28 10 10 - 06:29Interesting:
GREER, S.C. - When German automaker BMW put out the call recently to hire a thousand factory workers here, the people who responded reflected the upheaval occurring in the U.S. economy.
But they're all in the factory now making $15 an hour - about half of what the typical German autoworker makes.
The trade debate in the United States usually focuses on the jobs lost to factories in the developing world. But the recession has forced countless skilled workers in this country to consider jobs they would have rejected in the past. They now offer foreign manufacturers a resource that was far less common just a few years ago: cheaper wages for better talent. - WP
Notice this isn't on "The Coasts," meaning New England, San Francisco Bay Area or L.A. -- it's in an area that economically and demographically looks more like the midwest. As the USA, which stupidly inflated its currency in the mid to late 1990s with the "dot com" boom that produced a falsely overvalued wealth assessment, now struggles to absorb the losses created by all that fake wealth, others are circling and ready to feed.
Soon we will join other third world nations -- Brazil, Iraq, Mexico, Russia, France -- in having an elite few rule over an unruly gray mob who hate life and hate anyone who has more than they do, yet can't stay sober/focused long enough to complete simple tasks. Let's take bets: how long until American municipalities start switching to open sewers to "save money"?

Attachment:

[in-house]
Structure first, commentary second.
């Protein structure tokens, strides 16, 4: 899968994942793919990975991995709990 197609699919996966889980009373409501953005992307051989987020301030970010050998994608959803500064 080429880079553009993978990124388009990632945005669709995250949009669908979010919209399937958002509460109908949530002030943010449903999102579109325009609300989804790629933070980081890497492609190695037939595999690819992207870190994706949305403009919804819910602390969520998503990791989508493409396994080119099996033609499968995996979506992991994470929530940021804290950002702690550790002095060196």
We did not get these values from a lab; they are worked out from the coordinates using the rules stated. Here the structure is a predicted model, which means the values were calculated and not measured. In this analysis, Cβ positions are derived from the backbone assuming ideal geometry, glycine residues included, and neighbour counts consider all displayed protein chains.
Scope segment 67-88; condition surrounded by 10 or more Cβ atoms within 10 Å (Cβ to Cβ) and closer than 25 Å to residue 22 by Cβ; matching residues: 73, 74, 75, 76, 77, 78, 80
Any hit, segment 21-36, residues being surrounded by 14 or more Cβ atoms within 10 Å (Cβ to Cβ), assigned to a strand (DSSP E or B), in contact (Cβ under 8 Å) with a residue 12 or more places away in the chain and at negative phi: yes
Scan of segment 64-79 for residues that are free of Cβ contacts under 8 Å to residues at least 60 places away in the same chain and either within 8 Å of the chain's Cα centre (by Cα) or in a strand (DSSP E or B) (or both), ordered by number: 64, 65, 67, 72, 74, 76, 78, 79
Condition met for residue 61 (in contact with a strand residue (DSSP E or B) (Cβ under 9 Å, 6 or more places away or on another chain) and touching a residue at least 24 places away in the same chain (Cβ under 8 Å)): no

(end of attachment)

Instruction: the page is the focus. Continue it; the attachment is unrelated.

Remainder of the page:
I don't think the current recession is that big of a deal. It's one of many stopping points on the way down. Since 1945, the USA has continually hyped the value of its currency while taking on increasingly liberal political programs that destroyed the basis of that currency, resulting in a spiral into third-world status. You'd think they'd learn from history, but I guess the voters don't know history, and surely they don't care.